This is the first post in a long time for the Captain’s blog. Welcome back if you have been waiting for updates, and congratulations if you have just stumbled on this blog. I will be updating this on a regular basis as we gear up again to sail Mayflower II.
Our hope is to have the ship out under sail next summer. Between now and then there is much to be done. We are really already in preparation for the sail as we make repairs to the ship this year.
The reason for the the somewhat mundane picture of our trailer repair project in the marine shop is to give a little glimpse into behind the scenes activities necessary in order to keep the ship seaworthy. How does the trailer repair fit in you ask? I will tell you.
This past winter while we were hauled out for repairs at Fairhaven Shipyard in Fairhaven, MA, our local Coast Guard inspector noticed a small area of rot in the starboard stern quarter as well as a hanging knee on the lower deck that needed attention. As it was late in the winter and we needed to get the ship back to Plymouth for the Museum’s opening the Coast Guard agreed to let us make those repairs once we returned to our dock in Plymouth Harbor.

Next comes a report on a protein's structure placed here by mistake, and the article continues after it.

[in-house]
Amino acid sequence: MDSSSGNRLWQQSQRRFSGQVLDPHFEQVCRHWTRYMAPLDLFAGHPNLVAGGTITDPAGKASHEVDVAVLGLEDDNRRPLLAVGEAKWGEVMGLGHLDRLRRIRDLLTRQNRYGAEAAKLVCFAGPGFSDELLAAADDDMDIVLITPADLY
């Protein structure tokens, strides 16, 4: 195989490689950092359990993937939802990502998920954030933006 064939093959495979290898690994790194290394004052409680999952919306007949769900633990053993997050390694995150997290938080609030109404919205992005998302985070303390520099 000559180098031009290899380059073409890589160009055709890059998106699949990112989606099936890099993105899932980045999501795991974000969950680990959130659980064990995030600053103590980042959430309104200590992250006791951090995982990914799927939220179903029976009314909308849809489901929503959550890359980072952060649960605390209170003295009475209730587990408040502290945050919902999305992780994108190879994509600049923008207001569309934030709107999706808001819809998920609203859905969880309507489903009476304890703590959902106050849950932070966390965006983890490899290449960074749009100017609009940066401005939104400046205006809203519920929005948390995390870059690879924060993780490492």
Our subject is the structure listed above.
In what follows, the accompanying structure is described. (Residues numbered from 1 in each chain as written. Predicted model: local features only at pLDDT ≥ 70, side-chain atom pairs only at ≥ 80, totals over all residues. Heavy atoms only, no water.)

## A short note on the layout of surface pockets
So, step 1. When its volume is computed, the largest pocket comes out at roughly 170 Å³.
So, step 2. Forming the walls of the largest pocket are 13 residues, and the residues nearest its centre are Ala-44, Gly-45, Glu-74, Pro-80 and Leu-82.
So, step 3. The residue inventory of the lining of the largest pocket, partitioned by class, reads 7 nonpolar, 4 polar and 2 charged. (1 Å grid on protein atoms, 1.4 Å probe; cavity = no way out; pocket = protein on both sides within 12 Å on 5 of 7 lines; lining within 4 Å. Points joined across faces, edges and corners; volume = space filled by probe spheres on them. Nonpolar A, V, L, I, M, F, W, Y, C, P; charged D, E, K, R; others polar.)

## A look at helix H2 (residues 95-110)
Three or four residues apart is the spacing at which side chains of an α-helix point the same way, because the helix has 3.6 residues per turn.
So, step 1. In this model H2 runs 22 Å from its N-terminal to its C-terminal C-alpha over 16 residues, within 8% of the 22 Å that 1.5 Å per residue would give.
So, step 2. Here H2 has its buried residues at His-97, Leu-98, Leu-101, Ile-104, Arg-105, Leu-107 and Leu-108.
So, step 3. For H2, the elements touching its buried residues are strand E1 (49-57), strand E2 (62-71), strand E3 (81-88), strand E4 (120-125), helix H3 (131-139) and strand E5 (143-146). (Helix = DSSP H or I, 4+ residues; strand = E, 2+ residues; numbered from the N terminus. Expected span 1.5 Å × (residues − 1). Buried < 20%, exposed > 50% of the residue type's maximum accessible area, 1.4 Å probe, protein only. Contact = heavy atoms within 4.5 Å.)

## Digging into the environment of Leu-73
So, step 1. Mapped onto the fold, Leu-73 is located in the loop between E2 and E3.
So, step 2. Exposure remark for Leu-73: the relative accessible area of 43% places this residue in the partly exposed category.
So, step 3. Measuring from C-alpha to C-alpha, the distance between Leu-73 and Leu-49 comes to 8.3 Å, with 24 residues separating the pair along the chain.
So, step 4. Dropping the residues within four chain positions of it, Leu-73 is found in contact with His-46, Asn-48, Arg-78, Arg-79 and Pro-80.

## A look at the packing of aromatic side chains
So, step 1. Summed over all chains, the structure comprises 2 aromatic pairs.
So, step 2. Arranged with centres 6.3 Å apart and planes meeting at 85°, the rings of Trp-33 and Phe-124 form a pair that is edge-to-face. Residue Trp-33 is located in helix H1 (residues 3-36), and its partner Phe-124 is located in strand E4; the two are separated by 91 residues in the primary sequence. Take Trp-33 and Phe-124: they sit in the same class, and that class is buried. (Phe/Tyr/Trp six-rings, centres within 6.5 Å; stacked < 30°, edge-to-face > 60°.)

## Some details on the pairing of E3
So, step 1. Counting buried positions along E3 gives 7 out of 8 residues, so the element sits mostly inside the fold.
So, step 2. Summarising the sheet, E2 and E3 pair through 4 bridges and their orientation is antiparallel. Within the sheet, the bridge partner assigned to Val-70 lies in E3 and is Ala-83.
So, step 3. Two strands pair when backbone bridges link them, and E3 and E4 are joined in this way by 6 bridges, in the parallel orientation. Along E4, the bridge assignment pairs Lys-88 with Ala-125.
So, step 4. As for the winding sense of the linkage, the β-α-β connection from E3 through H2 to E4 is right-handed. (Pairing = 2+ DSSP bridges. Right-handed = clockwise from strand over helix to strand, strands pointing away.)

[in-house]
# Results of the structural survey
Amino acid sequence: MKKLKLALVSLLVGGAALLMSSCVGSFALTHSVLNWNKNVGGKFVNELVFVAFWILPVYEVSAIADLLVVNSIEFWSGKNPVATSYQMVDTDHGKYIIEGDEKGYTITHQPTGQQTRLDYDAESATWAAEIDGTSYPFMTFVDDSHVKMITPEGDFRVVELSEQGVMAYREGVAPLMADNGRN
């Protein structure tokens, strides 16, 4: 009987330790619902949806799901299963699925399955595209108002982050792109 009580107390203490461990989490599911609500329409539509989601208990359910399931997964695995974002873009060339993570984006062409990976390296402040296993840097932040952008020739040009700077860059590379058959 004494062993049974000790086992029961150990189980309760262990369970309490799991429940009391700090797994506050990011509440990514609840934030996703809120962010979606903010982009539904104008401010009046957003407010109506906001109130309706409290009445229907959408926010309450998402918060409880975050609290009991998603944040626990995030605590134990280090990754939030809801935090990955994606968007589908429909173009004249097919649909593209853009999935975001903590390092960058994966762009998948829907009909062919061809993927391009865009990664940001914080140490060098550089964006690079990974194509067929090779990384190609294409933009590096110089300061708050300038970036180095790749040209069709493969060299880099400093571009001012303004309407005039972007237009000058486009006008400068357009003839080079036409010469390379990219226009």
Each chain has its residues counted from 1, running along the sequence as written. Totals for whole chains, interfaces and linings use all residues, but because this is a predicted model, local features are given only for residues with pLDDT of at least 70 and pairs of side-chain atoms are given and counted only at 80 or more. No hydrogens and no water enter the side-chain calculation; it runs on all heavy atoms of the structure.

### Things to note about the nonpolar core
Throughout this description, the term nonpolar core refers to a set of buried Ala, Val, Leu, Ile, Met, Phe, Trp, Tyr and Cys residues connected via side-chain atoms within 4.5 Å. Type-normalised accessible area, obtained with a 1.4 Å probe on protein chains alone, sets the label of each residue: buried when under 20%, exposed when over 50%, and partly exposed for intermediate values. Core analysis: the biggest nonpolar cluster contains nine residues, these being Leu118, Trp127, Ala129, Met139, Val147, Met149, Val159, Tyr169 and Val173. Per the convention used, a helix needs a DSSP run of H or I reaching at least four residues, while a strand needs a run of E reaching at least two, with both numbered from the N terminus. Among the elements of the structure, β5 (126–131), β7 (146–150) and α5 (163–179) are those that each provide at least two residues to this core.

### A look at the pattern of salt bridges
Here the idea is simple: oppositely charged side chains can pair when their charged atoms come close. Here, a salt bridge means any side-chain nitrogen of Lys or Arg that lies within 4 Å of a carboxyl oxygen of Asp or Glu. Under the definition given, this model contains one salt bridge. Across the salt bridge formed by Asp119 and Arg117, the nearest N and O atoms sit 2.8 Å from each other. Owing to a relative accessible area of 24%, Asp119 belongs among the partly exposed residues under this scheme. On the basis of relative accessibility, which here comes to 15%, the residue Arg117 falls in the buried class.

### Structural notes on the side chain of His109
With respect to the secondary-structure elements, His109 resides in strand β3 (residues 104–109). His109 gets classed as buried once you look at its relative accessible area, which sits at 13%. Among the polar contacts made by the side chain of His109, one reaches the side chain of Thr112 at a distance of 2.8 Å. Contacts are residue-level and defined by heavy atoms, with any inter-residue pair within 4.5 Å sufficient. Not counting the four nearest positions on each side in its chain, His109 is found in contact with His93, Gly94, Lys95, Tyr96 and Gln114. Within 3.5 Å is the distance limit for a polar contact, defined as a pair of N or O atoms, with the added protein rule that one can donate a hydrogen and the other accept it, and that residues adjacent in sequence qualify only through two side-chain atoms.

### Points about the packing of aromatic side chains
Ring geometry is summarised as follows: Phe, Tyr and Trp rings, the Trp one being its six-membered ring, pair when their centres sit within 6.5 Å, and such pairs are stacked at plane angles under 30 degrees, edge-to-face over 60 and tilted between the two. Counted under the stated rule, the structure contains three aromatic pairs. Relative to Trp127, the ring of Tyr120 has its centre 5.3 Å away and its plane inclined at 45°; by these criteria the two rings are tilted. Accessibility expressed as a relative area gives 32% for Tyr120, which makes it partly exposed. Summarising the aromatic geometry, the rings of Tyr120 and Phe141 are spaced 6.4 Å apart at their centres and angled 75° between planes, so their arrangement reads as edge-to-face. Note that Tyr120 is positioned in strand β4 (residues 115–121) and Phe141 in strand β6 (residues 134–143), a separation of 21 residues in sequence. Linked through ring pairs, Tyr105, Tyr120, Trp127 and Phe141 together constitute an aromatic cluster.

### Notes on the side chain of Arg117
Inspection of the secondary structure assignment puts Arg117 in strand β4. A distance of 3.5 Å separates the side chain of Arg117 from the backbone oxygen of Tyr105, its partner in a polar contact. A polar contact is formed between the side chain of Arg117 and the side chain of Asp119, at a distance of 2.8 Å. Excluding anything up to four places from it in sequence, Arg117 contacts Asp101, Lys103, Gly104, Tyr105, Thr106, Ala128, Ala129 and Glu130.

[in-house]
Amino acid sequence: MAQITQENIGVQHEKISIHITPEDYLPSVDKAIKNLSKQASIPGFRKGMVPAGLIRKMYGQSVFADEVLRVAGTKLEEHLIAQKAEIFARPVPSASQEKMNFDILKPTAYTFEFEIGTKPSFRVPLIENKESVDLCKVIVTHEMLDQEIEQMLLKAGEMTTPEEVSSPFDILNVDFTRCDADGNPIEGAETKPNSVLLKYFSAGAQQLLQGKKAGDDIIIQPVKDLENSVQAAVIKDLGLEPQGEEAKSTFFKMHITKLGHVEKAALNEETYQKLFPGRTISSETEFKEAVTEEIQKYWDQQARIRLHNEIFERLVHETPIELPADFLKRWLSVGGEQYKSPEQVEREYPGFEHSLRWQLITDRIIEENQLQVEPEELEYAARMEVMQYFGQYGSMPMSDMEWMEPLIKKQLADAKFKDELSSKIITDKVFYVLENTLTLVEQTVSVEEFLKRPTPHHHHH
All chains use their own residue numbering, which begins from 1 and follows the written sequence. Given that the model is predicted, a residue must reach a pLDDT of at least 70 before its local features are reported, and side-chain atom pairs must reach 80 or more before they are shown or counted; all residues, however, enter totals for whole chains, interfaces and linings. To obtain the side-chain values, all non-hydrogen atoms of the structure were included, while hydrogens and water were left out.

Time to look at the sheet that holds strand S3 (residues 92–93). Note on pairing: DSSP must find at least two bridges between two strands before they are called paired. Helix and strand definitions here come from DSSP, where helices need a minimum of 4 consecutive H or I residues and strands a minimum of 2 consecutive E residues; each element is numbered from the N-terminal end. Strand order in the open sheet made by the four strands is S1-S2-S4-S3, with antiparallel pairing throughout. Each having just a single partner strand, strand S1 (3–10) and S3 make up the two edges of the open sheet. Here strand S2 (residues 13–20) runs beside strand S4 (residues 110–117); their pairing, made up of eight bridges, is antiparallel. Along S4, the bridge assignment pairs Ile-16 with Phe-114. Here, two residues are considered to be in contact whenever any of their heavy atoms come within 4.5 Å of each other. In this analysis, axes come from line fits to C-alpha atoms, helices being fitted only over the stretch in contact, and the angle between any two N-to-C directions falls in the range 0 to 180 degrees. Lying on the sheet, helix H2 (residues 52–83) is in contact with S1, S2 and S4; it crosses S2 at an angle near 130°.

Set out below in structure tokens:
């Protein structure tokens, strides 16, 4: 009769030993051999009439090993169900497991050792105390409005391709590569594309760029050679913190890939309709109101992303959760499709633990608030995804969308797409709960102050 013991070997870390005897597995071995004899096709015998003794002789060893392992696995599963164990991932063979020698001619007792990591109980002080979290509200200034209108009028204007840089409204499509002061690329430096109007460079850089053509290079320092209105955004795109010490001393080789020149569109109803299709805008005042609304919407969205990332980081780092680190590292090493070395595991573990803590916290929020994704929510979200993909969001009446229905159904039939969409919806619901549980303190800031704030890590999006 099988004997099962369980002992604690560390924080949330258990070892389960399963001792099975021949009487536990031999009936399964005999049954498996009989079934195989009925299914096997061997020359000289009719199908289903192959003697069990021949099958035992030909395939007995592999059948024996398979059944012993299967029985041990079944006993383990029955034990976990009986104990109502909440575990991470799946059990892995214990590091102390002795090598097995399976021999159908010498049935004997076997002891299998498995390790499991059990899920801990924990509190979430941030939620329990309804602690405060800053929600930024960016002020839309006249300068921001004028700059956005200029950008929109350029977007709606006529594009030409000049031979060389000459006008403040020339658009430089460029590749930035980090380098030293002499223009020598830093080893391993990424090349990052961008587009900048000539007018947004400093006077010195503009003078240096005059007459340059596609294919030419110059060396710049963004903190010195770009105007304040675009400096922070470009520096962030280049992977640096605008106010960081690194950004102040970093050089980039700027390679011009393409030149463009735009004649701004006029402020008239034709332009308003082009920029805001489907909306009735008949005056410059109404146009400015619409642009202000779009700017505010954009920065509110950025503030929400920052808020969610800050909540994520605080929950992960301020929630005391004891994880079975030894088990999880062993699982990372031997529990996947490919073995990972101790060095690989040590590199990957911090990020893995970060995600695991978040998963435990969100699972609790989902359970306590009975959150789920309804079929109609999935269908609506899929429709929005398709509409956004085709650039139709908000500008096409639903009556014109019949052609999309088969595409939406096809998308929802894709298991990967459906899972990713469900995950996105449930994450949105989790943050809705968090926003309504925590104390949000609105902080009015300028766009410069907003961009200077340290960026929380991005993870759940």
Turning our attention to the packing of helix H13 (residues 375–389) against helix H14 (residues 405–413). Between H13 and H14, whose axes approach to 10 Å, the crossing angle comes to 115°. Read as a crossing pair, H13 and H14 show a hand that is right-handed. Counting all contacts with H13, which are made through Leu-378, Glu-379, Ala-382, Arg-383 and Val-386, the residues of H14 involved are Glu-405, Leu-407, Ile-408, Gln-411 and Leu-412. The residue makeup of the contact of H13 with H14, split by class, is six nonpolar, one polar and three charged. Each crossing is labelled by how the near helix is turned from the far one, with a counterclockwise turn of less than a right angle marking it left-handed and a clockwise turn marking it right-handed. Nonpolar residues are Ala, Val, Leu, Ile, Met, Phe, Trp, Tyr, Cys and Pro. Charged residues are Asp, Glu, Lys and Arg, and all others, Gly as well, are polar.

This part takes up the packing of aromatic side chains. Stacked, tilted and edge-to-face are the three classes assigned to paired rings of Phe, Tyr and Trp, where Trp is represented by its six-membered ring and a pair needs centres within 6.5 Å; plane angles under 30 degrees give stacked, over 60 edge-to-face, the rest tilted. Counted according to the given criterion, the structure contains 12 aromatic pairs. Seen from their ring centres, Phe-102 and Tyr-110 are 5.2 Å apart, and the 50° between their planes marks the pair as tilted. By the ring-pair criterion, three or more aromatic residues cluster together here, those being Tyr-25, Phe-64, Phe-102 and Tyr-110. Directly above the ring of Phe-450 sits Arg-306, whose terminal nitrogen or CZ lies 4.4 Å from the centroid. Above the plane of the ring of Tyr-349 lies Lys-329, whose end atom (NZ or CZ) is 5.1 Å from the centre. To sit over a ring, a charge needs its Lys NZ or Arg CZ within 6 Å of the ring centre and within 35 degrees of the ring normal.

Long story short, we got back to Plymouth the day before the museum opened, spent much of the spring rigging the ship and taking care of the many details of running a 17th century reproduction vessel then finally, we were able to tackle the repairs to the ship required by the CG.
(The ongoing work will be the subject of a future post I am sure.)
The large order of White oak necessary for these repairs was sawn in western MA and is ready to be picked up. A week ago as we pulled our big flat bed trailer out of storage one of our crew promptly put his foot through the wooden bed of the trailer. Close inspection showed a mostly rotted deck, both wheel wells rusted through and a curious grinding sound coming from the wheels.
Fast forward a week. After four new bearings, two new tires, a new pressure treated deck and an updated registration sticker we are ready to go on the three hour trip to pick up the white oak so we can fix the ship as required by the Coast Guard this past winter.
We take the long view of history here.